Canada - tobacco firms settle cigarette smuggling case..



April 13, 2010 - Reynolds Tobacco Co. an an indirect subsidiary of Reynolds American Inc., on Tuesday, April 13th revealed a comprehensive settlement agreement with the Canadian federal, provincial and territorial governments with payment of $325 million. The agreement resolves all of the governments' civil claims related to contraband cigarettes in Canada during the 1980s and 1990s.

The cases stem from cigarette sales in Canada from 1989 to 1994, when the federal and provincial governments increased taxes to reduce tobacco use. Rising prices fueled a black market in which Canadian-made cigarettes were shipped to the U.S., where taxes were lower, before being smuggled back across the border.

The tobacco companies knew their exports would be sold on the black market, police said when criminal charges were filed in 2003.

The average price of a carton of 200 cigarettes tripled from C$15 in 1981 to C$45 in 1993, according to a study done by Physicians for a Smoke-free Canada. Contraband (illegal, illicit, black market) cigarettes sales rose from zero in 1985 to 14.5 billion, about 72.5 million cartons, in 1993, according to the study. The governments rolled back taxes that year in a bid to reduce smuggling.

Canadian exports rose from 1 billion cigarettes in 1987 to 15.7 billion in 1993, Statistics Canada, a federal agency, said in a report. The RCMP’s (Royal Canadian Mounted Police) investigation took eight years as police reviewed 763,000 documents and conducted 275 interviews, police said.

Imperial Tobacco Canada Ltd. and Rothmans Inc., Canada’s two biggest tobacco companies, agreed in 2008 to pay about C$1.15 billion in fines and penalties to settle charges they helped cigarette smuggling in the 1990s.

Japan Tobacco's JTI-MacDonald unit will pay C$150 million to settle out of court claims brought by federal and provincial governments. Under a separate settlement, R.J. Reynold's former Northern Brands unit will pay C$75 million.

As part of the civil settlement, R.J. Reynolds has agreed to pay the governments C$325 million ($325 million). The company is also bound to adopt packaging, marking and other measures that will assist the Canadian governments in their efforts to combat the movement of contraband tobacco products in Canada, in the event it decides to sell tobacco products in Canada in the future.

The settlement comes after more than ten years of litigation both in the United States and in Canada and enables the company eliminate continuing expense, inconvenience and distraction to its core business and "the uncertainties inherent in continuing to litigate complex matters of this nature."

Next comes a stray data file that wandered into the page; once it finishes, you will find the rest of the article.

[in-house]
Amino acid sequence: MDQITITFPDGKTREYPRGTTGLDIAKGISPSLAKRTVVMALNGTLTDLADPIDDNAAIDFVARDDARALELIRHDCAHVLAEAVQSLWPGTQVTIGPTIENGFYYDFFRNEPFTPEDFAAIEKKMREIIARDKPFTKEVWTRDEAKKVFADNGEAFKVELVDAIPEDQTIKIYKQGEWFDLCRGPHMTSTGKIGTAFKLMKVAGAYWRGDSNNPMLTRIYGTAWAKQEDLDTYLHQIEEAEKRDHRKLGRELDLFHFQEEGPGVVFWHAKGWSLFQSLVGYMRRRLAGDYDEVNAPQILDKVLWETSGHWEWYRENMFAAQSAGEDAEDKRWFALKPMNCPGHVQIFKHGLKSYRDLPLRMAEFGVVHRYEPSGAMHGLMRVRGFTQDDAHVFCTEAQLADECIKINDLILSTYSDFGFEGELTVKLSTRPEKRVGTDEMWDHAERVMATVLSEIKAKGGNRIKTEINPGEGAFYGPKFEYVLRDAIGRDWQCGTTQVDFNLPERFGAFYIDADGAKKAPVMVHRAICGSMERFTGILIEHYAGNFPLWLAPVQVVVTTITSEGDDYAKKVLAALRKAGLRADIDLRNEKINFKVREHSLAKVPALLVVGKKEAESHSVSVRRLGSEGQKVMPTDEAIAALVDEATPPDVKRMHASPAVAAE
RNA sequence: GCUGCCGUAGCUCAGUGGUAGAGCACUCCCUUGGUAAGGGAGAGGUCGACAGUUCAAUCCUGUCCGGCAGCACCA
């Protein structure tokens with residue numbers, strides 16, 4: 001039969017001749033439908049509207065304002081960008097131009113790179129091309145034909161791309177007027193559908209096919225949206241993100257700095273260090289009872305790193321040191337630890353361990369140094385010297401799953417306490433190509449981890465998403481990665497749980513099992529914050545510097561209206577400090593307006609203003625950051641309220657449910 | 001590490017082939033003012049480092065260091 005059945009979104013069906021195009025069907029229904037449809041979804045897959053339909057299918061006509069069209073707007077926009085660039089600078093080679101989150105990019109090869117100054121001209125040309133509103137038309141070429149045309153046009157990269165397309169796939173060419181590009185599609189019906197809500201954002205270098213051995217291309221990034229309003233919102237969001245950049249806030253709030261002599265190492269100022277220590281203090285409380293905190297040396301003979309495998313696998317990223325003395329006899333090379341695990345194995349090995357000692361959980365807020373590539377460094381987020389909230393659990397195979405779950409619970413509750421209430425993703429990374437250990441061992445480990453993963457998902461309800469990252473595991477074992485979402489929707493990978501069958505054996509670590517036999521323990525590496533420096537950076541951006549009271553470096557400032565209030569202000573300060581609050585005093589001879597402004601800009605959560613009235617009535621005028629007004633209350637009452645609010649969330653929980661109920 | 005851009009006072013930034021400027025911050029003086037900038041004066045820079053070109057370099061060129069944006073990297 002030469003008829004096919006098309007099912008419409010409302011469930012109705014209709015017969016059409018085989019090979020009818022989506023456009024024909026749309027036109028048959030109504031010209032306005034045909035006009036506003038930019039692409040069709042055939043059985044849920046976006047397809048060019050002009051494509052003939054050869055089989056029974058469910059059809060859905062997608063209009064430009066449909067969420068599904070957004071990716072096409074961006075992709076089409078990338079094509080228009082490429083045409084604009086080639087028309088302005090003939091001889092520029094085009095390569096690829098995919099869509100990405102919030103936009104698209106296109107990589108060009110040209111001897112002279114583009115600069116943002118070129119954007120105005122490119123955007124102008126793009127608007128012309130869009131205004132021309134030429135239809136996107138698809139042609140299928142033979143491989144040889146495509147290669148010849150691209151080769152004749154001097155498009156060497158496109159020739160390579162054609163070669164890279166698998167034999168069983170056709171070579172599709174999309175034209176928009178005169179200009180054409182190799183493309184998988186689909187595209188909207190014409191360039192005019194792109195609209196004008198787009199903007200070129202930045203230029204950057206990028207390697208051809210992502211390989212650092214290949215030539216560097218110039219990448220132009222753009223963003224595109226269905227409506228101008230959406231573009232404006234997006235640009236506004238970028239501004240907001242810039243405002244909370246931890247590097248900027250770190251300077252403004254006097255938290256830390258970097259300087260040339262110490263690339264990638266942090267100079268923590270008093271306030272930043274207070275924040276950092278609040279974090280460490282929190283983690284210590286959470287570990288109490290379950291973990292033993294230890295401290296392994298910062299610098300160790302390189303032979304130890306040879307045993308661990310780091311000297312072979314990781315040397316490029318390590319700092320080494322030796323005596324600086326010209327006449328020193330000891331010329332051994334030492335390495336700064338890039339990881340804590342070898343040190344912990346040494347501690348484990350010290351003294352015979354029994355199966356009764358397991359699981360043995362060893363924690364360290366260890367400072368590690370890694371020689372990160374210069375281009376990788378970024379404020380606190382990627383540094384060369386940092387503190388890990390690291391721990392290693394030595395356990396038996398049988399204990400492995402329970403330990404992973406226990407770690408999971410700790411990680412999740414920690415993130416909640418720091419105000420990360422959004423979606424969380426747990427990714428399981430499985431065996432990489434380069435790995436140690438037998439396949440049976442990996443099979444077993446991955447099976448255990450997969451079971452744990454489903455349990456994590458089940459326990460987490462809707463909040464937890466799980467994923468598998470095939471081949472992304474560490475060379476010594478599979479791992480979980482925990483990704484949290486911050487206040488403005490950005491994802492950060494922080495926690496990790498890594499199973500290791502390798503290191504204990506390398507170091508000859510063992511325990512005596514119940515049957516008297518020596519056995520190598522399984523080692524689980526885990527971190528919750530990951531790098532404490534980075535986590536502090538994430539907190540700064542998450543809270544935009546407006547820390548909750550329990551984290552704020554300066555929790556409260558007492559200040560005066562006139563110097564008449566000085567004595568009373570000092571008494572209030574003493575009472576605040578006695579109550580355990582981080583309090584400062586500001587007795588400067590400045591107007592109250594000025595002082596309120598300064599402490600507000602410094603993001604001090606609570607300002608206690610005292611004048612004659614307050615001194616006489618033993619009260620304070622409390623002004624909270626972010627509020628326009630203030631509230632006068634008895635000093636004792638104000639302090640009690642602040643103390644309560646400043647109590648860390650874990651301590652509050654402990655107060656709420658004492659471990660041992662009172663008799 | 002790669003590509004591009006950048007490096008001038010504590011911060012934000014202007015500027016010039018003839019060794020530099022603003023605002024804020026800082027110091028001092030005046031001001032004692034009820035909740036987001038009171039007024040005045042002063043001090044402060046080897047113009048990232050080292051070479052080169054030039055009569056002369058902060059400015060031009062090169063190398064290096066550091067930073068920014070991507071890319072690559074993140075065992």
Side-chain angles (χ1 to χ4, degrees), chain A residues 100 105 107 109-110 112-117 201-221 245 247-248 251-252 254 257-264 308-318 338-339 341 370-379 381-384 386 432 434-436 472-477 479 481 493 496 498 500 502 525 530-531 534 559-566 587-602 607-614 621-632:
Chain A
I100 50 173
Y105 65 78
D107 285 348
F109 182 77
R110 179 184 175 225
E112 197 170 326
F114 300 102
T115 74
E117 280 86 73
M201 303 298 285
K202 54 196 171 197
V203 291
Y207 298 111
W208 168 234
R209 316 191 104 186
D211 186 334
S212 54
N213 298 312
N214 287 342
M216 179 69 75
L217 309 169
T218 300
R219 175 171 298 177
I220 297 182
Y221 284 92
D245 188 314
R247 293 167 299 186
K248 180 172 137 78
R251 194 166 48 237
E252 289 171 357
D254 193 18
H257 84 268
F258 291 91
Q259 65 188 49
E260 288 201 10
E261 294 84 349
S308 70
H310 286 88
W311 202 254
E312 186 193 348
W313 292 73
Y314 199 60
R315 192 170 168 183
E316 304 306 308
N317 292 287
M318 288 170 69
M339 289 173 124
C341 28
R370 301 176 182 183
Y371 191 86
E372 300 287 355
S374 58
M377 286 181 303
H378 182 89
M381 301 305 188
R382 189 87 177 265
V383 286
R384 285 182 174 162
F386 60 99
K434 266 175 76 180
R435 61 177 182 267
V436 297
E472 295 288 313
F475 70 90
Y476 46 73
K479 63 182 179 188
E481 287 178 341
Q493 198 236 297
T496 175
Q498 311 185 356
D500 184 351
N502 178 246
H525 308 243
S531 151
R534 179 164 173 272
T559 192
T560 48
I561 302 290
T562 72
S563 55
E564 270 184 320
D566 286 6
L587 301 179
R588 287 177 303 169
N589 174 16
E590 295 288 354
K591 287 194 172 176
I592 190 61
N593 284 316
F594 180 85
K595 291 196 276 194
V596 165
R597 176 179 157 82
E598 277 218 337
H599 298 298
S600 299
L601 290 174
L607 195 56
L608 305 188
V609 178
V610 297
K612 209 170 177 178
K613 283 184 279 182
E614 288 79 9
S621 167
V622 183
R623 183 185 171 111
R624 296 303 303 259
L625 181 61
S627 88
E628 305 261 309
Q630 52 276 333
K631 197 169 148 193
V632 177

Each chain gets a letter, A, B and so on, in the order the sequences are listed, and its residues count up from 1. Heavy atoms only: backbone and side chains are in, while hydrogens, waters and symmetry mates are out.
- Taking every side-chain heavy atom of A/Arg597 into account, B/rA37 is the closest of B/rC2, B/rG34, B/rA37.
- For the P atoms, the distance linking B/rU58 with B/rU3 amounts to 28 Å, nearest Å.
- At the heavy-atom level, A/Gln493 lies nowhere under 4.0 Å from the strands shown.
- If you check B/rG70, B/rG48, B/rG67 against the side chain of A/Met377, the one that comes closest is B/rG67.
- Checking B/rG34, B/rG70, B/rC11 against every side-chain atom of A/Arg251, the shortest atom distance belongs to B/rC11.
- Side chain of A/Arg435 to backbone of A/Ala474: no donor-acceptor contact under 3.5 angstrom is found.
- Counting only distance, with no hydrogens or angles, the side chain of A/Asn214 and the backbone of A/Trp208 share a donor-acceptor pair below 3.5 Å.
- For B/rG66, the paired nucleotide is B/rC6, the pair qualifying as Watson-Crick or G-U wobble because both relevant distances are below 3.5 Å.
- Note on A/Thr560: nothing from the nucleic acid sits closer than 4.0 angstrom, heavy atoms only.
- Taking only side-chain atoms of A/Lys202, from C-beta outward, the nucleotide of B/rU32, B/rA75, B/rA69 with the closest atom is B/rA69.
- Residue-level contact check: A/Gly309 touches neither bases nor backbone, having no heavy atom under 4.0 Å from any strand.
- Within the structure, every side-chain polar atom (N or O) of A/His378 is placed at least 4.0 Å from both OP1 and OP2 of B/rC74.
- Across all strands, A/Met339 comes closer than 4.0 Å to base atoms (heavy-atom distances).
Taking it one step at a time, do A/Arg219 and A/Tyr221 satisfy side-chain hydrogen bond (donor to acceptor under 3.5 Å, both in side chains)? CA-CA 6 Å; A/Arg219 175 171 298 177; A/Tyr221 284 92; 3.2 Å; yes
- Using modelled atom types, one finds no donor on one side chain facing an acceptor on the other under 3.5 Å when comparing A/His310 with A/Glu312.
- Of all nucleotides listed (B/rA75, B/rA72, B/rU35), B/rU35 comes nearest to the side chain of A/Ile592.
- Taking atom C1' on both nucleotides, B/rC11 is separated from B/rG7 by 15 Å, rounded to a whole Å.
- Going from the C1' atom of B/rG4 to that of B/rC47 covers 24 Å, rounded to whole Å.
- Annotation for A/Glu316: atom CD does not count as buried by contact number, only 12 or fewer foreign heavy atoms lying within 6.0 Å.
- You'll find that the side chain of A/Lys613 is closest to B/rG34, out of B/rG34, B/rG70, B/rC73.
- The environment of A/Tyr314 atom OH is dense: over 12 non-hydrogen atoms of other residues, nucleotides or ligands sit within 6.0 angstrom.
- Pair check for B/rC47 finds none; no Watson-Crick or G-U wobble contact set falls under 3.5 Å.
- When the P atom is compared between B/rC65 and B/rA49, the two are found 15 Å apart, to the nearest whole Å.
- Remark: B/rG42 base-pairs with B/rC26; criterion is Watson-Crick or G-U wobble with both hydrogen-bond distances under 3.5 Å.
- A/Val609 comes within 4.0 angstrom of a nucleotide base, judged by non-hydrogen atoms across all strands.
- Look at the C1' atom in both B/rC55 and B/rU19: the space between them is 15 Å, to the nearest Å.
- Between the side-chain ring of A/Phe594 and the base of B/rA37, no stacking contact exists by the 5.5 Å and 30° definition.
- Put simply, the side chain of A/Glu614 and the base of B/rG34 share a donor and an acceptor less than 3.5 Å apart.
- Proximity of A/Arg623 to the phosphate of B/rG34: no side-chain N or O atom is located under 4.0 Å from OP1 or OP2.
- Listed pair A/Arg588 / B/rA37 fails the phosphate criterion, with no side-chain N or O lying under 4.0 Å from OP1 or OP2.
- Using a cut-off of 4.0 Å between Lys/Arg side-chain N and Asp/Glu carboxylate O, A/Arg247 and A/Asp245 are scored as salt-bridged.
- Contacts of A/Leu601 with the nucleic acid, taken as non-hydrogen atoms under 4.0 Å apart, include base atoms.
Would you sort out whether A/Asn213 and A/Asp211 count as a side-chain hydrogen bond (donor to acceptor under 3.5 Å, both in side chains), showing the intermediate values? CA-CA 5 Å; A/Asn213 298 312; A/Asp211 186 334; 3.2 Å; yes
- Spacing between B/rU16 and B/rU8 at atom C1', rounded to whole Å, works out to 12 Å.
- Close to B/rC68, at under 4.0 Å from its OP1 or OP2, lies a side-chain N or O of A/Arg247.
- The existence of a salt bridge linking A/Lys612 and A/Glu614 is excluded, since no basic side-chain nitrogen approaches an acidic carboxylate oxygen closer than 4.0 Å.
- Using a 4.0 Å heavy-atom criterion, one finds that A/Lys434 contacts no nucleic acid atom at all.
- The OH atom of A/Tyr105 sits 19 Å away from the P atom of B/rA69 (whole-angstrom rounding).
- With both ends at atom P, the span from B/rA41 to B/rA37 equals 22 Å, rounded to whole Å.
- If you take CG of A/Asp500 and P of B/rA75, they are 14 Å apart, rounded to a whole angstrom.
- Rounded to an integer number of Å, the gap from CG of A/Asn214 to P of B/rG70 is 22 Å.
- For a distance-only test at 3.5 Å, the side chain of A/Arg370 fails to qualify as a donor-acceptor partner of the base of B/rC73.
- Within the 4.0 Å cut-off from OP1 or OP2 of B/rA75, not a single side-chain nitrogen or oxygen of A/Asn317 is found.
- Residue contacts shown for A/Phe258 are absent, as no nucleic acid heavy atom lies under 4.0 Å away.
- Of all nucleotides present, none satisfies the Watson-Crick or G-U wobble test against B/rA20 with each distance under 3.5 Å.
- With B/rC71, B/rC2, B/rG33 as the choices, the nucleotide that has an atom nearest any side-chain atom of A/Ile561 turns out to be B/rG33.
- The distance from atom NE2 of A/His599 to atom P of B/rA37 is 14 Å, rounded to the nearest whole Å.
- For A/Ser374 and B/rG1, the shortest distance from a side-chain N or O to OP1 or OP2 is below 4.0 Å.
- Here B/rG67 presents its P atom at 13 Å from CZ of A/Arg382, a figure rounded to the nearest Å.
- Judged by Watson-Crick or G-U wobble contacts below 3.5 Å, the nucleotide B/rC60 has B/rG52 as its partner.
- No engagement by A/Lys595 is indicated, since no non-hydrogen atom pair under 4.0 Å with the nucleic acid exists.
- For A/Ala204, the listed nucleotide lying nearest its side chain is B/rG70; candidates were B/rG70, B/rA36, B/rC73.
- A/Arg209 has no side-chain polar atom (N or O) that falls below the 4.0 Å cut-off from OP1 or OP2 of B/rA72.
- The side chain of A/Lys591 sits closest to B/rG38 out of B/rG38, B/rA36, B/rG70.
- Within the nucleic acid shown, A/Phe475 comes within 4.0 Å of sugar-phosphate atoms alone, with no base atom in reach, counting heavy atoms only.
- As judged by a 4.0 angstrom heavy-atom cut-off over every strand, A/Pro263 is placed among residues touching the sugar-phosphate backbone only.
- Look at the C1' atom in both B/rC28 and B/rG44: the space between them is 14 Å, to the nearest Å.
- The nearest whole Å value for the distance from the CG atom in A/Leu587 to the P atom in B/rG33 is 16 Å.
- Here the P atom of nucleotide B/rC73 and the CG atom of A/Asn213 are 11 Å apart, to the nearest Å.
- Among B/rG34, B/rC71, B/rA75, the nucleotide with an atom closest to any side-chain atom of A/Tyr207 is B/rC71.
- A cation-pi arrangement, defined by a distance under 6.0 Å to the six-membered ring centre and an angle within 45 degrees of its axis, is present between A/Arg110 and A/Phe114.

R.J. Reynolds currently does not conduct business in the Canadian tobacco market. R.J. Reynolds and its parent company, R.J. Reynolds Tobacco Holdings, Inc., sold its international businesses, including RJR-Macdonald, Inc., its former Canadian affiliate, to Japan Tobacco Inc. in 1999.

RJR Nabisco (National Biscuit Company) Holdings Corp. announced on March 9, 1999 that it had completed the sale of its international tobacco business to Japan Tobacco, Inc. for $8 billion, including the assumption of $200 million of net debt.

Japan Tobacco's JTI-MacDonald unit will pay C$150 million to settle out of court claims brought by federal and provincial governments.

In a separate development, Northern Brands International, Inc., a subsidiary of R.J. Reynolds Tobacco Holdings, Inc., also entered into a plea agreement with the Ministry of the Attorney General of Ontario. The agreement requires Northern Brands to pay a fine of C$75 million. Northern Brands was created in 1992 for the purpose of transacting all sales of RJR-Macdonald tobacco products in the United States and was accused of conspiracy to aid others in the sale and possession of contraband cigarettes in the early 1990s. Northern Brands ceased being an operating company in 1997.

The Canadian government hailed the settlements, saying it collected a total of C$1.7 billion from the industry as punishment for the smuggling. The Non-Smokers Rights Association called the deal a "sellout," because the government lawsuits had originally claimed C$10 billion in damages against JTI-MacDonald and its related companies.

Canadian authorities had once described the smuggling operations as the largest corporate fraud scheme in the country's history, while R.J. Reynolds blamed the lawsuits on an overzealous anti-tobacco lobby.

The industry remains in litigation over attempts by Canadian provinces to collect for the health care costs of treating illnesses caused by smoking. (Alberta joins some other provinces in suing tobacco companies..); Canada - tobacco companies may face C$200 billion in claims..)

References: R.J. Reynolds Settles Canadian Government Claims With $325 Mln. - Update; R.J. Reynolds Agrees to Pay Canada C$325 Million (Update1) by Joe Schneider, Bloomberg.com, 4/13/2010; Firms settle Canadian cigarette smuggling case by Allan Dowd, Reuters, 4/13/2010.

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